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Rehabilitation of degraded forests in Thailand: policy and practice


Thailand has suffered from severe deforestation during the last century. Forest cover has declined drastically both in terms of area and quality, mostly due to the expansion of human activities. Much of the deforested area has been used for agricultural purposes, but much has also been left in a degraded condition. In late 1980s, the forest declined to a point where the nation decided that the remaining forest should be kept for conservation rather than further exploitation. Consequently, forest policy has shifted its focus from exploitation to sustainable management and protection. Thailand has set a goal of increasing its forest area to 40% of the total land area, while at present, forests occupy around 28.9% of the land. With the intention to retain most of the remaining forest as protected areas and, at the same time, achieve the goal set, several reforestation and rehabilitation initiatives have been implemented, especially on those lands in a degraded condition. This paper focuses on the significant issues affecting both the policy and practice of forest rehabilitation. Given that the large number of people whose livelihood depends on the forests for subsistence and other purposes normally has been excluded from the decision-making process in forest management, most important among these issues are the integration of the socio-economic and environmental needs into rehabilitation initiatives together with the active participation of local communities in the rehabilitation program. Case studies of reforestation and rehabilitation initiatives are also discussed.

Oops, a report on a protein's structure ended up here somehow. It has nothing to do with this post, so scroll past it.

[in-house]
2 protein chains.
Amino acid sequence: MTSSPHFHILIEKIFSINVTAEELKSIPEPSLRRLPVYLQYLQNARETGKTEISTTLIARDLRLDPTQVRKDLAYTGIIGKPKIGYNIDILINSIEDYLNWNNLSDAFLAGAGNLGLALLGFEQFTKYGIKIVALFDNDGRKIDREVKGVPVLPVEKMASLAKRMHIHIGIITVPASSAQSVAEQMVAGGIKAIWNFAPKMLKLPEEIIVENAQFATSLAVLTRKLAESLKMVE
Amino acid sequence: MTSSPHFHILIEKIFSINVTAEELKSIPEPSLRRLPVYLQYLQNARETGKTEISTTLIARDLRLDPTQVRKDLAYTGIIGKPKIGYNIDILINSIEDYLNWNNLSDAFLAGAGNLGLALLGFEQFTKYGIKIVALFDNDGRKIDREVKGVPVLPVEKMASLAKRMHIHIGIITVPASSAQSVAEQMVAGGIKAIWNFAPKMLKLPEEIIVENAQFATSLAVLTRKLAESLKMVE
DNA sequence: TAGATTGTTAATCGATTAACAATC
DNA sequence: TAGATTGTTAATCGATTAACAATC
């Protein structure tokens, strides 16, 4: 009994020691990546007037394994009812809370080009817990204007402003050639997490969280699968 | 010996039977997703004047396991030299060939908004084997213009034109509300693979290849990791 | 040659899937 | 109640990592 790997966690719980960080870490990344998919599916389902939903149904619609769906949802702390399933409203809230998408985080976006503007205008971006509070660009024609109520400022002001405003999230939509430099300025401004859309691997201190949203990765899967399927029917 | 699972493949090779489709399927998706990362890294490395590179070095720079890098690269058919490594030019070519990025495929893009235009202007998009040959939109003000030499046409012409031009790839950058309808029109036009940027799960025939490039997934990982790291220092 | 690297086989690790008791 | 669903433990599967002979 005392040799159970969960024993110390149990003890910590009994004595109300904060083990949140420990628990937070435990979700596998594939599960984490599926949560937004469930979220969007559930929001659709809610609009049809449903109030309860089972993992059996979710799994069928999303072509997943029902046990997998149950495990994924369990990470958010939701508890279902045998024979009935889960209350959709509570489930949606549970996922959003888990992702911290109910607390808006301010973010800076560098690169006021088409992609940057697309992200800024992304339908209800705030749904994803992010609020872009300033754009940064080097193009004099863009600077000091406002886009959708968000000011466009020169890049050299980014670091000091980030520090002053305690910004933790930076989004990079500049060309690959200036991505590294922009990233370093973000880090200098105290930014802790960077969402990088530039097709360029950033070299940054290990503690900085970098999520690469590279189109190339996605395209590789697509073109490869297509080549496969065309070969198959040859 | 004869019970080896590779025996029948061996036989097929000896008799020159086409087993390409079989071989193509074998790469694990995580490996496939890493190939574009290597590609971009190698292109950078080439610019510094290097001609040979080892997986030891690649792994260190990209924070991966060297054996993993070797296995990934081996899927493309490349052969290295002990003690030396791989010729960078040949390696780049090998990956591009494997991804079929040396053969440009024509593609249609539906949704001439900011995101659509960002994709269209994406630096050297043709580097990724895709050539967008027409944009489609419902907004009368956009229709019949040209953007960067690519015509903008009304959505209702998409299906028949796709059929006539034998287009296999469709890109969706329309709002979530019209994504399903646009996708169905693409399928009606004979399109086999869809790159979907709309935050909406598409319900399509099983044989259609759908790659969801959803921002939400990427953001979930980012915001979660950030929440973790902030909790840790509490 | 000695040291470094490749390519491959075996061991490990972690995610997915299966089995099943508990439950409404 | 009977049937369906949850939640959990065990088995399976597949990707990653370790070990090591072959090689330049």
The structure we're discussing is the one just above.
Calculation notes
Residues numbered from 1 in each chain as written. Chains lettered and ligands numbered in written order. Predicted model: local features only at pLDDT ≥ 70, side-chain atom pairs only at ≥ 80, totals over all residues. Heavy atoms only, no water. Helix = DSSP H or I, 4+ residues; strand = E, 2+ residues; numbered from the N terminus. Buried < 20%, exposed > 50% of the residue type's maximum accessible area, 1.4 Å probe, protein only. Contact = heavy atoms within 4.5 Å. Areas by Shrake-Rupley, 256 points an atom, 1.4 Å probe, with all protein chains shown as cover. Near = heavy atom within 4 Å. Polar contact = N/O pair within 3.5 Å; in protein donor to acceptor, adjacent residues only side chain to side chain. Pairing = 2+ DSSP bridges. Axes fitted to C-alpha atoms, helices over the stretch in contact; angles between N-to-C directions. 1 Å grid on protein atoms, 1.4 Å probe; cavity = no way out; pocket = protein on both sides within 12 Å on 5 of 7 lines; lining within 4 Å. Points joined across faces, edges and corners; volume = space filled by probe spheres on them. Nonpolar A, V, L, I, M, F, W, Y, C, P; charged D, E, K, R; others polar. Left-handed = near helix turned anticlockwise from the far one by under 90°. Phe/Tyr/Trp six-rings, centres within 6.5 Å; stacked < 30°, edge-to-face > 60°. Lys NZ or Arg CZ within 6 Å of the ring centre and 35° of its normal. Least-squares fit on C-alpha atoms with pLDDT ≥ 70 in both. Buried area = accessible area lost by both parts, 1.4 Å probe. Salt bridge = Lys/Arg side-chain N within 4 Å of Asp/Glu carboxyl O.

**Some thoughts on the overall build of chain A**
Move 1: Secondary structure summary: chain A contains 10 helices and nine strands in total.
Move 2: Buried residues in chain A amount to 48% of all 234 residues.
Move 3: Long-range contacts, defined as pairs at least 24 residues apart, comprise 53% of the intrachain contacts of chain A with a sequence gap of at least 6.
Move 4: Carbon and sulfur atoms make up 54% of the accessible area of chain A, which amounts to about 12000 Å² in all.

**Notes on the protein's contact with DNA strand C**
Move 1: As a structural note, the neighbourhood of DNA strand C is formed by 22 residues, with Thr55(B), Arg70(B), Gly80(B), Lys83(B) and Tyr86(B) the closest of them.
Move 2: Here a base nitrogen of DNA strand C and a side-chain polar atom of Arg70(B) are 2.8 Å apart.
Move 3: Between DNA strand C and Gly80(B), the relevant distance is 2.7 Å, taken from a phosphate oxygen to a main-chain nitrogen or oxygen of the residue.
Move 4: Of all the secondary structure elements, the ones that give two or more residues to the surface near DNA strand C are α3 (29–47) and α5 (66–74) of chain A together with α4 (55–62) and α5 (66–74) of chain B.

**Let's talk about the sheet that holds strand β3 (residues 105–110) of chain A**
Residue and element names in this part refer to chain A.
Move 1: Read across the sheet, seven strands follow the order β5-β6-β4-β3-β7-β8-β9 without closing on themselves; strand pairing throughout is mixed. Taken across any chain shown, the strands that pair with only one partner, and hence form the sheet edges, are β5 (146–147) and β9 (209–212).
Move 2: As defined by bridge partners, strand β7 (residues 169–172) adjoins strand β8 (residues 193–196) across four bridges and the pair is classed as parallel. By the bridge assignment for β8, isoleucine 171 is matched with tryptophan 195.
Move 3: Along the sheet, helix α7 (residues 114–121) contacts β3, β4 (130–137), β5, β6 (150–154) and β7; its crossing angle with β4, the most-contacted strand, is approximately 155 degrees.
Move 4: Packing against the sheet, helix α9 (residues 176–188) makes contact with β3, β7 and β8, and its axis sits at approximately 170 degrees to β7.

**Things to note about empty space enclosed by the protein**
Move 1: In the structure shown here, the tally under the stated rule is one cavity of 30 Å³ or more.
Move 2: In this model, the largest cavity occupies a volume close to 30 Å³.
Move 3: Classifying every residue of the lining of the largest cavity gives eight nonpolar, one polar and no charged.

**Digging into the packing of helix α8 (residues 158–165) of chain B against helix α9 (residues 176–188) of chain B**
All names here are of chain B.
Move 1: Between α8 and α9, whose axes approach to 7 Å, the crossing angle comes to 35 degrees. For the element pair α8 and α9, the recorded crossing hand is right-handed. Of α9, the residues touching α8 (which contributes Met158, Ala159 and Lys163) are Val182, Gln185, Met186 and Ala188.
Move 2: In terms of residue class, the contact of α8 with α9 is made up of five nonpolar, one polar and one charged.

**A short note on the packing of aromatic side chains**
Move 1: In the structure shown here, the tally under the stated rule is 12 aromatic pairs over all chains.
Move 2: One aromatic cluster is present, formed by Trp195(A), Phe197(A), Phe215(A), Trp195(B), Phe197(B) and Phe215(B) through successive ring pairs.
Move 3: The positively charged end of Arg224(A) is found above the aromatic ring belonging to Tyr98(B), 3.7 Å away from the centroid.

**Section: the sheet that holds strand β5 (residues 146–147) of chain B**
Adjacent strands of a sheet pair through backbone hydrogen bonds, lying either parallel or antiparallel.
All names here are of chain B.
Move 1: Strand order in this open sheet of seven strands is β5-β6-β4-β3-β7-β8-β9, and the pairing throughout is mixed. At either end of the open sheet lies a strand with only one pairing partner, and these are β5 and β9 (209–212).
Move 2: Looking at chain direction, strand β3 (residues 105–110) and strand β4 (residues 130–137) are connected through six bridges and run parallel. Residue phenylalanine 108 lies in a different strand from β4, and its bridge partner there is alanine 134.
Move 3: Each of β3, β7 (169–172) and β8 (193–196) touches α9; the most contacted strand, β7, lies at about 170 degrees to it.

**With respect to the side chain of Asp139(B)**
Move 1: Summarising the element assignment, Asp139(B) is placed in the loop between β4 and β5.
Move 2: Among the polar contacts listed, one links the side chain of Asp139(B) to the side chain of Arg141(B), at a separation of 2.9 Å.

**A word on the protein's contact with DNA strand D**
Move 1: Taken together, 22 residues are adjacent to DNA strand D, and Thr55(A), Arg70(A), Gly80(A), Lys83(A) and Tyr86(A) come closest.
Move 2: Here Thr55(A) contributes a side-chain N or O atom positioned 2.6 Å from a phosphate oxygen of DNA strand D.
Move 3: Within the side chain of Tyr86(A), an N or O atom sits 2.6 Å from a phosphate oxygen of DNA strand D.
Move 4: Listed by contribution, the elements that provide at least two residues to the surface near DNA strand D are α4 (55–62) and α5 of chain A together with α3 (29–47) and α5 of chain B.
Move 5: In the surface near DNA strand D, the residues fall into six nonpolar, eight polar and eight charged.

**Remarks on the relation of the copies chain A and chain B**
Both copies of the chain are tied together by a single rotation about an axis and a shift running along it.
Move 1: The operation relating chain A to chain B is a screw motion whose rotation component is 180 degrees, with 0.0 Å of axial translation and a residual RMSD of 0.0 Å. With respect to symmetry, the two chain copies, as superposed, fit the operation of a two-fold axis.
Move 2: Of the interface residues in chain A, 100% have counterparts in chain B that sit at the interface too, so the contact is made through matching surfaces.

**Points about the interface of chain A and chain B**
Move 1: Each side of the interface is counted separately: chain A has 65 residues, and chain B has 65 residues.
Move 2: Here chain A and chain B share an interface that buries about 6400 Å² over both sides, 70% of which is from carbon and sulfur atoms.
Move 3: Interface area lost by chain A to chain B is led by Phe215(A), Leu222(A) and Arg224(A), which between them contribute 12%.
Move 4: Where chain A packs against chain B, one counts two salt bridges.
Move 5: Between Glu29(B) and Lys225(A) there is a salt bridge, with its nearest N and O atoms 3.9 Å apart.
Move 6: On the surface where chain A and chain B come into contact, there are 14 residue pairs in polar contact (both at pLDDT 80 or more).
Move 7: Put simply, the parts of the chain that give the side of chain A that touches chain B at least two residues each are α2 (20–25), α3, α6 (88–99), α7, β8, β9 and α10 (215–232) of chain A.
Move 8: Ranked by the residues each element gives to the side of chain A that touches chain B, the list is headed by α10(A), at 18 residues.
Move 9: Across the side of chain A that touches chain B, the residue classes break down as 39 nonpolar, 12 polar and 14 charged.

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This research was supported by the 21st Century Center of Excellence (COE) Program, Social Capacity Development for Environmental Management and International Cooperation at Hiroshima University.

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Correspondence to Alice Sharp.

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Sharp, A., Nakagoshi, N. Rehabilitation of degraded forests in Thailand: policy and practice. Landscape Ecol Eng 2, 139–146 (2006).

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